- I’ve also been getting into a Neil Gaiman reading spree. I started by reading Coraline and Fortunately, the Milk, which are both children’s books. Coraline is a great story and again made me realize that the inside of Neil Gaiman’s head must be quite something. I’m not convinced I’d want to live there, but reading the output is very entertaining.
- The Ocean at the End of the Lane is also from Neil Gaiman and another gripping story with fantastic characters and brave kids as the protagonists.
- Bad science by Ben Goldacre talks about how the media manipulate health care related statistics to allow scaremongering journalists to write articles that have a long-lasting impact. In some cases even with deathly consequences.
- Because of Tim Minchin’s insistence that Slaughterhouse-Five by Kurt Vonnegut is his favorite book ever I reread it. I felt that if Tim thinks this is the best thing ever written I might have missed something the first time I read it. While I can see that Vonnegut’s writing is brilliant it will never be my favorite book. It’s pretty much like Lisa Cron explains in Story Genius. I want to understand what’s driving the protagonist and I don’t think Billy Pilgrim is really driven by anything. Perhaps that’s the whole point and we should just admire that idea, but it means that I’m not sucked into the story.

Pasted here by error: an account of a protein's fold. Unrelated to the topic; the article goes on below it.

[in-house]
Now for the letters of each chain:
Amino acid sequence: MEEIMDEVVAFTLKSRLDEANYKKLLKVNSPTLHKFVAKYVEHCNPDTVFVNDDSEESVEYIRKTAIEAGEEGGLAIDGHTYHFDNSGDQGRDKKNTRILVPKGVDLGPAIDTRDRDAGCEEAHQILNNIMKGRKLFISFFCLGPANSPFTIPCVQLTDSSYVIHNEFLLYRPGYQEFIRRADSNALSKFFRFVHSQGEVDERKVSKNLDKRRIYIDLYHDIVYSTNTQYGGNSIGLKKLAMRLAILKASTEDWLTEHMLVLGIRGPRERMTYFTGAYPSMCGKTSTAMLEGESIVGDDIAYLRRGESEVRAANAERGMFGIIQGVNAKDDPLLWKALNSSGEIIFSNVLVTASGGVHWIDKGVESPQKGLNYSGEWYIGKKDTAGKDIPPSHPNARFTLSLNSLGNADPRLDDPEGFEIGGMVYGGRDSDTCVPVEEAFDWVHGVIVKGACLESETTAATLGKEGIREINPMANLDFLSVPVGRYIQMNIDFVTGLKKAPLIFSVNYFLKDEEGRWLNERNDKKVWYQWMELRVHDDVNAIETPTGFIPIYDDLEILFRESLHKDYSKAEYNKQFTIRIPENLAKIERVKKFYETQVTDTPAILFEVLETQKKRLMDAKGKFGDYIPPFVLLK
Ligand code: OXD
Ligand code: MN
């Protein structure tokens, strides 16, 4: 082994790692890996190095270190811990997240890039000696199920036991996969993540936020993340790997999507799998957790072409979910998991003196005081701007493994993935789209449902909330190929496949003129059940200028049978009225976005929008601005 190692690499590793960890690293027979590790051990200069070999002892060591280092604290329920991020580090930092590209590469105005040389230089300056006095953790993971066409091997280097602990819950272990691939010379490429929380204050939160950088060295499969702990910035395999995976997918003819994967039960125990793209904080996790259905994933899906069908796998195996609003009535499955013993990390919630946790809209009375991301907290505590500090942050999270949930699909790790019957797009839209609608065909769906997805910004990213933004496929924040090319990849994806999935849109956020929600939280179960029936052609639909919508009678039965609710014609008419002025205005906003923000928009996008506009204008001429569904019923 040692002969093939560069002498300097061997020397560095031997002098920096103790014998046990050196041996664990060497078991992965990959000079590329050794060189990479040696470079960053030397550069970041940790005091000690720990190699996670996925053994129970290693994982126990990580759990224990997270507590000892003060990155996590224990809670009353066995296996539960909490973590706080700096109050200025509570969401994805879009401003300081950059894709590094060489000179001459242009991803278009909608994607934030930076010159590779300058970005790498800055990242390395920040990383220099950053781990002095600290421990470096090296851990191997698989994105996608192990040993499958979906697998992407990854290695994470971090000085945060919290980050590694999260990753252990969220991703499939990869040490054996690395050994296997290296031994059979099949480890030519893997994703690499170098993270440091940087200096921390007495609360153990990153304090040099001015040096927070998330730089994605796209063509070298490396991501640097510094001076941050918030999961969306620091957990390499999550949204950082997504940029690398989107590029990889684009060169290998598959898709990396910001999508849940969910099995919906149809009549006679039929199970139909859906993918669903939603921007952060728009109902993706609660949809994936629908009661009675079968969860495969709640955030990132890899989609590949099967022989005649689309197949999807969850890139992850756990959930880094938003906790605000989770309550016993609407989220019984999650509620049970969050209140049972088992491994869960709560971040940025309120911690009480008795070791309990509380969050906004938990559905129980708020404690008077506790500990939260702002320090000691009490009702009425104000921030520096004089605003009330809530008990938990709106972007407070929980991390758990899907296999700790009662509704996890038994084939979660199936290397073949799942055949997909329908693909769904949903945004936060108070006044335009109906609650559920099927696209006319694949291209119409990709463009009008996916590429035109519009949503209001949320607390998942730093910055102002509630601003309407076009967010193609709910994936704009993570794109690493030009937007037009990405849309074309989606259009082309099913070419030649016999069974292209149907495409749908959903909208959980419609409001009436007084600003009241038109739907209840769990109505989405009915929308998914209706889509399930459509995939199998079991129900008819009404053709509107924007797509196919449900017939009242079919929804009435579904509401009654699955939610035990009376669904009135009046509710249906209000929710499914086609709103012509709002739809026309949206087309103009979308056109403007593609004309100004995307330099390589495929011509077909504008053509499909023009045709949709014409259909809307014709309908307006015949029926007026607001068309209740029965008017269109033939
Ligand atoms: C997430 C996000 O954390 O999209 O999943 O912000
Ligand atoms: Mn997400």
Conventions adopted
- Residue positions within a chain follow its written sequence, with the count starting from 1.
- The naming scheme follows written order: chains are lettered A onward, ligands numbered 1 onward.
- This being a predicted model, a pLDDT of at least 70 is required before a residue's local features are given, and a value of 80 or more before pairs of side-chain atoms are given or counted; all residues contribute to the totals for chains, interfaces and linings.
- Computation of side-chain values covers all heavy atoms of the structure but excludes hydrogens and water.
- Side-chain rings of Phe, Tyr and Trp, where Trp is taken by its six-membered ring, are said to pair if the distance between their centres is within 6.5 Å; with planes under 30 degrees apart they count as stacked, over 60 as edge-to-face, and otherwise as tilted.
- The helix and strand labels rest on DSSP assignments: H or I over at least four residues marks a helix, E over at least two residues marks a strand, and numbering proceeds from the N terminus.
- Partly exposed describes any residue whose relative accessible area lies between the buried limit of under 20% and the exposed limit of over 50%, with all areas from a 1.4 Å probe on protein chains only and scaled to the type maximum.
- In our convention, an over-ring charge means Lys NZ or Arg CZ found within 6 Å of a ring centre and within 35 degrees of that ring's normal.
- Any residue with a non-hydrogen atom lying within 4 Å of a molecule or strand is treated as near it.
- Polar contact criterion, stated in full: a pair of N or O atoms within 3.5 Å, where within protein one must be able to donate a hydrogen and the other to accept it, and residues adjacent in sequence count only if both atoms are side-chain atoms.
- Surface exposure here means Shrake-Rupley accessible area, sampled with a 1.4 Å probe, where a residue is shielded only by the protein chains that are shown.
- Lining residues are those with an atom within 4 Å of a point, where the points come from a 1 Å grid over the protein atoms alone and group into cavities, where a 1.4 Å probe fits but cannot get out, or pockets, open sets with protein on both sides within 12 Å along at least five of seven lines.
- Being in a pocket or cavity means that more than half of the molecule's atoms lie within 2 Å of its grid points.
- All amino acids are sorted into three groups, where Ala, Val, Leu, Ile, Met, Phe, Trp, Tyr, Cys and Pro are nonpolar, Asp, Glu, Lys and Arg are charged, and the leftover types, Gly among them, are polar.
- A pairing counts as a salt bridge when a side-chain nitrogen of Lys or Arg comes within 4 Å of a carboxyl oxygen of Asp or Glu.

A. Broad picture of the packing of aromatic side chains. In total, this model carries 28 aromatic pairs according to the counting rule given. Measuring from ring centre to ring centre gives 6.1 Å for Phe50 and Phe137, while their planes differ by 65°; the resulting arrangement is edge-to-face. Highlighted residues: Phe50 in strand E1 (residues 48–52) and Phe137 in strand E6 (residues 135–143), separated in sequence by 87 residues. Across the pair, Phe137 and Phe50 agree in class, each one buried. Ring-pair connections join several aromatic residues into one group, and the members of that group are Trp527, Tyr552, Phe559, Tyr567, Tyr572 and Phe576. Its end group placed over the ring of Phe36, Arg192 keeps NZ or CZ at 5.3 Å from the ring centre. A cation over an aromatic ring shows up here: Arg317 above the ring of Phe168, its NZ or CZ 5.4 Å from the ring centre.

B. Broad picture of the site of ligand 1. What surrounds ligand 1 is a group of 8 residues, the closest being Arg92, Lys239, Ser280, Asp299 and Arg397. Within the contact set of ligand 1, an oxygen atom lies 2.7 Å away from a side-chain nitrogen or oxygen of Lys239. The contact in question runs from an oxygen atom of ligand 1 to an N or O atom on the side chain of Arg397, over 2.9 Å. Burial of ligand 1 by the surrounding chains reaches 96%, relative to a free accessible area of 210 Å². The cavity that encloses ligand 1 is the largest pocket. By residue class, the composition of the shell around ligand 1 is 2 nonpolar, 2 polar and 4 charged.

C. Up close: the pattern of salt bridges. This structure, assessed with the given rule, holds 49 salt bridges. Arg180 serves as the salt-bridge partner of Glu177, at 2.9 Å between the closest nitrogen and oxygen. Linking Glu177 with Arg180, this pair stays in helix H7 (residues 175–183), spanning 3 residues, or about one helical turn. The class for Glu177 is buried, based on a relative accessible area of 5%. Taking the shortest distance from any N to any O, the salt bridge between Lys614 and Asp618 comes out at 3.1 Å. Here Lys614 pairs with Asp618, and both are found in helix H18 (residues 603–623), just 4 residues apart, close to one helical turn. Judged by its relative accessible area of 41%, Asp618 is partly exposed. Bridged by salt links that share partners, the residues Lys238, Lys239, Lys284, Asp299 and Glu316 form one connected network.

- I feel the same about Andrew Sean Greer’s Less. Greer won the Pulitzer Prize for this book and the writing is beautiful. It’s an enjoyable read for that reason alone, but for me, it’s not a gripping story.
- The final book on this list is Sapiens by Yuval Noah Harari. I wrote about this book in my last post as well. This was a very interesting read, with some (for me) mind-blowing ideas. I see these ideas pop up everywhere now, most notably in an essay from someone I really admire, Dutch writer Bas Heijne. I’m increasingly happy that I read it, even though it wasn’t an easy read. His next book, Homo Deus, is definitely on my reading list too.
It’s only after creating this list that I realize I’ve read a lot more than I would “normally” have read. It didn’t feel like a lot while reading, most likely because I’ve been enjoying it all.